How Much Paint Do I Need For a [Fill-In-The-Blank] Square Foot Room?

This video is unavailable because we were unable to load a message from our sponsors.

If you are using ad-blocking software, please disable it and reload the page.

So, you want to repaint your kitchen, bathroom or bedroom — but you're a DIY beginner. You've chosen your color and you're ready to buy the paint, but how do you know how much you'll need to finish the job? 

Naturally, you want to purchase enough paint so that you can avoid making multiple trips to the store. But more importantly, you don't want to over-buy. Paint can be pretty pricey, so knowing exactly how much you need for your space means you won't be wasting money.

Save money and ensure that you won't have a bunch of leftover paint with these tips from "Trading Spaces" designer John Gidding.

According to John, there are three main elements that will help you determine how much paint you'll need.


"The general rule of thumb is for one gallon of paint, it will cover about 350 square feet," John says.

You will need slightly more paint if the walls are patchy, unpainted or unfinished (i.e. drywall), because they will absorb more of the paint. We'll come back to this!

So, the first step is to measure the length of each wall as well as the height of the room from the floor to the ceiling.

Then you can determine the square footage of the room by adding together the lengths of all the walls and multiplying that number by the height of the room. The number you get is the room's square footage.

RELATED: Never Hire a Painter Again with these 4 Money-Saving DIY Painting Rules


"One of the most important things when you're trying to figure out how much paint you need is the texture of the wall," the designer says. "The porosity of the surface — how much water is going to soak in as you paint."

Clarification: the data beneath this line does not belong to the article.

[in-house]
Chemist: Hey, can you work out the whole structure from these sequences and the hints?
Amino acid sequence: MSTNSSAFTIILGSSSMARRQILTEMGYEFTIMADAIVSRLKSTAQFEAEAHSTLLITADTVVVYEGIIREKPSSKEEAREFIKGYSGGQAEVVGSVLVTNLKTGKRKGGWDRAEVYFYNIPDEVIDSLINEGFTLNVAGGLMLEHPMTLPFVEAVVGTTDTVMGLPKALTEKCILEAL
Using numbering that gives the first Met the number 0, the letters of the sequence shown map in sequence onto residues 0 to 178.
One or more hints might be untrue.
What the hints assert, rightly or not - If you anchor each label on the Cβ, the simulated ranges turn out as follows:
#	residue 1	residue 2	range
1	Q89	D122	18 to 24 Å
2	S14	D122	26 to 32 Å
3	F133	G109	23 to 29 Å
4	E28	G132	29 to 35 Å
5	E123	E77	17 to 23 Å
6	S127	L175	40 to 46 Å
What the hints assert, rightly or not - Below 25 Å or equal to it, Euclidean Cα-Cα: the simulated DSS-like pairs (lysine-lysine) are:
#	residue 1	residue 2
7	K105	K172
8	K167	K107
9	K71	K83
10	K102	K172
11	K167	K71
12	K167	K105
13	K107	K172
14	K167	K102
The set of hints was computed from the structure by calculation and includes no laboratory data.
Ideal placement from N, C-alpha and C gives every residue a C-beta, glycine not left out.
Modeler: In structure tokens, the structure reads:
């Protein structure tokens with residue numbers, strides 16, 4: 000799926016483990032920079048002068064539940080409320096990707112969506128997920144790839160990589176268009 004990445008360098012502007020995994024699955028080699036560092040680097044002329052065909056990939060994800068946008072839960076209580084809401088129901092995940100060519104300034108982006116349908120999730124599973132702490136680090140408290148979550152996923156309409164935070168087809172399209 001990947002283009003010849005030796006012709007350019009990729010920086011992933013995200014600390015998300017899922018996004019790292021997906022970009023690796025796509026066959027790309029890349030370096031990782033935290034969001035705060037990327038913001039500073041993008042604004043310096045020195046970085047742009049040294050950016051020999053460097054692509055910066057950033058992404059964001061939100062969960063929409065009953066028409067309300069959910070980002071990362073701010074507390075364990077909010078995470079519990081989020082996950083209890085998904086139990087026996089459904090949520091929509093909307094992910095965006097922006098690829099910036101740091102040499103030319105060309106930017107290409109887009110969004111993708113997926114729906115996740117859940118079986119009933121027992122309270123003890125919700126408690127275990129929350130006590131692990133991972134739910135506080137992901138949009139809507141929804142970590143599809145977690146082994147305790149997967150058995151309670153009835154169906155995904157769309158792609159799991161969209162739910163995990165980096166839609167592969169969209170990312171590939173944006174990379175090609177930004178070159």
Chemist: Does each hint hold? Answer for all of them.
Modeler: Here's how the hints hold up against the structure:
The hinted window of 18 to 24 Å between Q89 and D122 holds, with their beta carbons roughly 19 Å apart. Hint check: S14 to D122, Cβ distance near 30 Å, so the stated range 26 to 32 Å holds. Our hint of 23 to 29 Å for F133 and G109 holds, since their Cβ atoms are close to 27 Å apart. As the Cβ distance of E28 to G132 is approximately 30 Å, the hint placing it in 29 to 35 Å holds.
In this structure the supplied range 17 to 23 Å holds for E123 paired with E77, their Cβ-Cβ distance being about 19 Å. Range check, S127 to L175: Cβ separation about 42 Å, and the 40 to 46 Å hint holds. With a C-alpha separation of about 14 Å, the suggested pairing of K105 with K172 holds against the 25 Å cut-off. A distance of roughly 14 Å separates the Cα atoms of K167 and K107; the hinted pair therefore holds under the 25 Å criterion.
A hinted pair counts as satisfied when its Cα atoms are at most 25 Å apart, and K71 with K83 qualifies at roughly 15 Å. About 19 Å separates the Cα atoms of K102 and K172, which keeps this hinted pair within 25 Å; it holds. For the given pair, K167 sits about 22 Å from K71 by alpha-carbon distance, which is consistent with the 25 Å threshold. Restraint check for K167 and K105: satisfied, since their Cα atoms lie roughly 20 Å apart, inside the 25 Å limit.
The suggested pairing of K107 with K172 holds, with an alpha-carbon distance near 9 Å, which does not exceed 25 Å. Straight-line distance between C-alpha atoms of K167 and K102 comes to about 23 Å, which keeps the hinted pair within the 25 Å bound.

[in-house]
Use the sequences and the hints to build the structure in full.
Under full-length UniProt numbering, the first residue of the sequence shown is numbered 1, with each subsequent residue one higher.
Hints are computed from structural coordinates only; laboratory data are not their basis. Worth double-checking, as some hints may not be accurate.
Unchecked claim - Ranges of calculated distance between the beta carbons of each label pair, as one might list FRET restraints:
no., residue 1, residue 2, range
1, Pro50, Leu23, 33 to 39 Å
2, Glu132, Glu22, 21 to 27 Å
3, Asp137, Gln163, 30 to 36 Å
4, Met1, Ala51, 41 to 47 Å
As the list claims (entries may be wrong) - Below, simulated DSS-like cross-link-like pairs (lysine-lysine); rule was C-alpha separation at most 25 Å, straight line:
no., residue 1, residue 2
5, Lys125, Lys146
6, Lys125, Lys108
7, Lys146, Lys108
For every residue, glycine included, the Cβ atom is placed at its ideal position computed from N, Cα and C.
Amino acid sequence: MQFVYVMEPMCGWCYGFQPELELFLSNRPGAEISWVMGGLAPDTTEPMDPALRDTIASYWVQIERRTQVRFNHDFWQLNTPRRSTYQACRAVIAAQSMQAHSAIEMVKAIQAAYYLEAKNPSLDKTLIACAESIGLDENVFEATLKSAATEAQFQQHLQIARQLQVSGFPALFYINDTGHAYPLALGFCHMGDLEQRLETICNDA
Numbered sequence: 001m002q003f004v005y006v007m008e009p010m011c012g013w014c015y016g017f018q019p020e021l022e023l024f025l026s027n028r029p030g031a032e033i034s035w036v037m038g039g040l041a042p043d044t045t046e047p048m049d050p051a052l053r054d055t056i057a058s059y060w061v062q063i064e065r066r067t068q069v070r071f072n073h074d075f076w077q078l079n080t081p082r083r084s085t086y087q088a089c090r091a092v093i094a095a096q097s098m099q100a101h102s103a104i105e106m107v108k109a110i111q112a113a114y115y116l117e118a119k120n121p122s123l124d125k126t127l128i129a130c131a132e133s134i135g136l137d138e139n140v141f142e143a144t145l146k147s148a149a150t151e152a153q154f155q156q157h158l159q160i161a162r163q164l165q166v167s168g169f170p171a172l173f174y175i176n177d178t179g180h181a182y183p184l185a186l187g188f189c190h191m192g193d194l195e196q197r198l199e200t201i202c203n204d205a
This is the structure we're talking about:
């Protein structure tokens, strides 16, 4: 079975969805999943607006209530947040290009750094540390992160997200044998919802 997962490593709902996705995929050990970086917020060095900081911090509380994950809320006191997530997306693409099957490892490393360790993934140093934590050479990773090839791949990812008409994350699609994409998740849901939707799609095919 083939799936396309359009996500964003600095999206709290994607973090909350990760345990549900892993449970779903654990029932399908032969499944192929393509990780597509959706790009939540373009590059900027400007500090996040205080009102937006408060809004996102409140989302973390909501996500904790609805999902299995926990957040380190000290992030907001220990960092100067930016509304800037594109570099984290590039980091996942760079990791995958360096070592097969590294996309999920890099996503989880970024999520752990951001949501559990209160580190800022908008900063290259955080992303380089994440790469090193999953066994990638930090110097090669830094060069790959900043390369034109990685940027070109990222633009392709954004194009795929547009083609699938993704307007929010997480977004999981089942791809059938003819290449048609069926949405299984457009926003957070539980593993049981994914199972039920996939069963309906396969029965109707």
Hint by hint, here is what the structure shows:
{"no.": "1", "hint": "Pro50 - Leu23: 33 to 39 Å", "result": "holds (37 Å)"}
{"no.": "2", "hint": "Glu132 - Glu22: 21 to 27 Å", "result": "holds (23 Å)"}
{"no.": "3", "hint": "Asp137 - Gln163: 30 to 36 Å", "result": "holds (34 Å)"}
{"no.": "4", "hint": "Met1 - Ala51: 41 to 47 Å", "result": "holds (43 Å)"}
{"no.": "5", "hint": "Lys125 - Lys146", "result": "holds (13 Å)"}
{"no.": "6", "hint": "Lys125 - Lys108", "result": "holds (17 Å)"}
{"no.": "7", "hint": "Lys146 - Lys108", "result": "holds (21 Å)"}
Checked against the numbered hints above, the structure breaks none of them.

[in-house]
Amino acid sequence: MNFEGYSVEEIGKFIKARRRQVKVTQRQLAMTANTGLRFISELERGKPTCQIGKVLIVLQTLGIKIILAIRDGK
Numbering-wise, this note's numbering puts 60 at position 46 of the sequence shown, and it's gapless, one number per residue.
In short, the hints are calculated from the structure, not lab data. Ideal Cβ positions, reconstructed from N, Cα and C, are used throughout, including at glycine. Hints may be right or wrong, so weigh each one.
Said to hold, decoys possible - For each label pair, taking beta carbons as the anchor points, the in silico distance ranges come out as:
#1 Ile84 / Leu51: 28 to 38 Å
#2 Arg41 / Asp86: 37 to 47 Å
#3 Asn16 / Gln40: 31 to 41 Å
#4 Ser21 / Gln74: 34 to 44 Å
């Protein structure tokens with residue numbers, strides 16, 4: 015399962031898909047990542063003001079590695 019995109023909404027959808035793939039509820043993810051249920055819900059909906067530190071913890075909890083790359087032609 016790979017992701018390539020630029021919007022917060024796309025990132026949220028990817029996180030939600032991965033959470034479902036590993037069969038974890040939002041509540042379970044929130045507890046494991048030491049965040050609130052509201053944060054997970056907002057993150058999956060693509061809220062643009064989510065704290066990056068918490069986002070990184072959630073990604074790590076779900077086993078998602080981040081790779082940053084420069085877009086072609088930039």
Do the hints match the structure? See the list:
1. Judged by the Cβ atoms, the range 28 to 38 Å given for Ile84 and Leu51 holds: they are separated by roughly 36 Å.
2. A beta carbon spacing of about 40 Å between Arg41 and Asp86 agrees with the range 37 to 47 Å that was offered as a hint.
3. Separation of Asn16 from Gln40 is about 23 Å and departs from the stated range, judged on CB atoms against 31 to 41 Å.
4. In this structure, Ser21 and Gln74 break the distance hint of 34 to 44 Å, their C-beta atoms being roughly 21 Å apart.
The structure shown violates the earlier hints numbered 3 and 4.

Like we said above, how porous the surface is, what condition it's in and the type of paint you use can all affect what's called the "spreading rate" of the paint. Essentially, it's how well one coat of paint will actually cover the wall.

Porous surfaces have lower spread rates, so you'll find that it's harder to cleanly cover drywall with a single coat. If you're starting with rough drywall, you should probably plan on using more paint. 

If the wall is already primed and painted, you won't need as much paint, according to John, because you should be able to cover it in one coat. You might need to touch up some spots, but you shouldn't have to do an entire second coat.

RELATED: What Colors Go Together In a Room?


The third big factor to keep in mind is the color differential. If you're painting walls that are already a dark color, you should plan to apply two coats of paint.

If you're going from a dark color like blue to a light one like yellow, just double the amount to account for the second coat, the designer suggests.

Watch John and Rach demonstrate color differential in the video above.

You Might Like